By Jim Mountain
In my ongoing work with the National Trust’s Main Street program, so much of what I do is seeking people out, hearing their stories and helping them understand what Main Street is about. Main Street is about more than buildings: it’s about people. It’s about bringing people out onto the street, connecting them with their neighbours and uniting them behind a common goal. It’s about getting to the heart of a community, finding common ground and building a sense of belonging. When that happens, it’s really inspiring. And it’s rewarding. But it’s not always easy.
My first experience with “Main Street” was in Fort McLeod, Alberta. Hired to work on the Main Street project there (the old Main Street sign I fastened above the office door is still on the building today), a big part of my job was to go out to local business owners and convince them to spend money fixing up their historic buildings. As you might imagine, it wasn’t always an easy sell. Alberta, at the time, was in a recession, so people were naturally more aware of their pocketbooks.
There was one business owner who really was not convinced. He owned a prominent building along the street where he and his family, Chinese immigrants, ran a restaurant that had amazing character and history. We really needed to get him on board. Now, this building was reminiscent of a real western, boom-town saloon. It had a pressed-metal ceiling and an ornate vintage wood bar. Above the counter, there was even this great big mirror with a bullet hole in it. It was an incredible old building, but it was a bit rough—and that’s not including said bullet hole! The inside was filled with stacks of Coke crates and there was peeling paint on the walls. I’d been going back and forth with the business owner, trying to bring him around, but we weren’t getting anywhere. I was running out of ideas, when opportunity and inspiration struck.
A provincial heritage group was coming to town for a day to learn from our Main Street project. As part of the day, there was a reception planned for some three busloads of participants. The tour organizers wanted to go to the trendier new place across town, but I told them I had another idea.
I went to the restaurant owner and said there was this group coming to town and I wanted them to have the reception at his restaurant where they could really experience one of Main Street’s historic places and get to know the people there. His first response was disbelief, but after assuring him this would be a good thing, he agreed.
Over the next few days, there was suddenly a flurry of activity going on at the restaurant. From my storefront office, I watched as men in white painters’ outfits carrying ladders and tools marched by. Finally, the day of the reception came. We walked into the restaurant and I had to do a double-take: the place was transformed. The walls were freshly painted, the Coke crates cleared out and the tables set with white-linen table cloths and vases of violets. The restaurant owner and his family greeted us. They were all dressed in white.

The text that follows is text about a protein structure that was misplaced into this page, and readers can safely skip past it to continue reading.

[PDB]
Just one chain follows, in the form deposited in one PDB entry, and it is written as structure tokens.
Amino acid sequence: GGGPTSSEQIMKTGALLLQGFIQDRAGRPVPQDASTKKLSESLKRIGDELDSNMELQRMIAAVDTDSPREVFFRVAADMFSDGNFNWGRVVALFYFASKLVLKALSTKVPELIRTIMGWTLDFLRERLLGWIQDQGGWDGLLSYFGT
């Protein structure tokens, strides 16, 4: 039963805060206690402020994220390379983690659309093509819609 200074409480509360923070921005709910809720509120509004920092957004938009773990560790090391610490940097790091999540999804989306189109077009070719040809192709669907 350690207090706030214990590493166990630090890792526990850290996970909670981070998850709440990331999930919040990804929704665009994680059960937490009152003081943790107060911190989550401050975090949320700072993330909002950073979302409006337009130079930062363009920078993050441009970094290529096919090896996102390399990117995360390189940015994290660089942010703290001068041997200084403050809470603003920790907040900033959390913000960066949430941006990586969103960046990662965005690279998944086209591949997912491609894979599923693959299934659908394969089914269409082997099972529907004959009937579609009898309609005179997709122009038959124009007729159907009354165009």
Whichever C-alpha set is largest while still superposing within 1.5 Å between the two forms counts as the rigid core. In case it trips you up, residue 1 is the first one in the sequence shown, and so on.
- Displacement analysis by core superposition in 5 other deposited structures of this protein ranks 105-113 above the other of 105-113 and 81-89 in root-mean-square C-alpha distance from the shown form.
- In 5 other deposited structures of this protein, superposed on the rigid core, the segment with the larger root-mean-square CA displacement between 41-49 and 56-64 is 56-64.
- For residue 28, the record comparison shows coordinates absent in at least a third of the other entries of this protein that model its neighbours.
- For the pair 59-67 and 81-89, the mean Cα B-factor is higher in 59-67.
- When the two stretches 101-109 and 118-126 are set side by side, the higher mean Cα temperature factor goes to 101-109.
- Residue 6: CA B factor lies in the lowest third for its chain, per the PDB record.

What happened next sticks in my mind to this day. During the reception, we were all swapping stories about the buildings in this town and the people who occupied them and having a great time. Then the owner got up and told his story. He told us how his father had come to Canada to work on the railway, only to be cut off from his family when the government imposed the Chinese head tax. He told us how, after the family was finally reunited, they worked hard to build their business and make better lives for themselves, but faced prejudice and discrimination along the way. You could hear a pin drop in that room. We were all moved to tears.
After the reception was over, and the guests had gone, I went to the owner to pay the cheque. He looked at me and tore it up. He told me he was touched. No one had ever asked to hear his story before. For the first time that afternoon, in that space of sharing, he felt like he belonged. I think it was in that moment that he understood just what we were trying to do with the Main Street program. From that day on, he was completely on board. I too, realized that “Main Street” was about more than bricks and mortar. It was about community.
The restaurant owner fixed up his building and restored its original façade. His restaurant is a fixture on Fort McLeod’s Main Street to this day. And it has become a landmark of my memory as well, as a story I will never forget.
Jim Mountain is the Director, Regeneration Projects with the National Trust for Canada. He’s worked on more than 50 Main Street projects and heard thousands of stories in communities throughout Canada.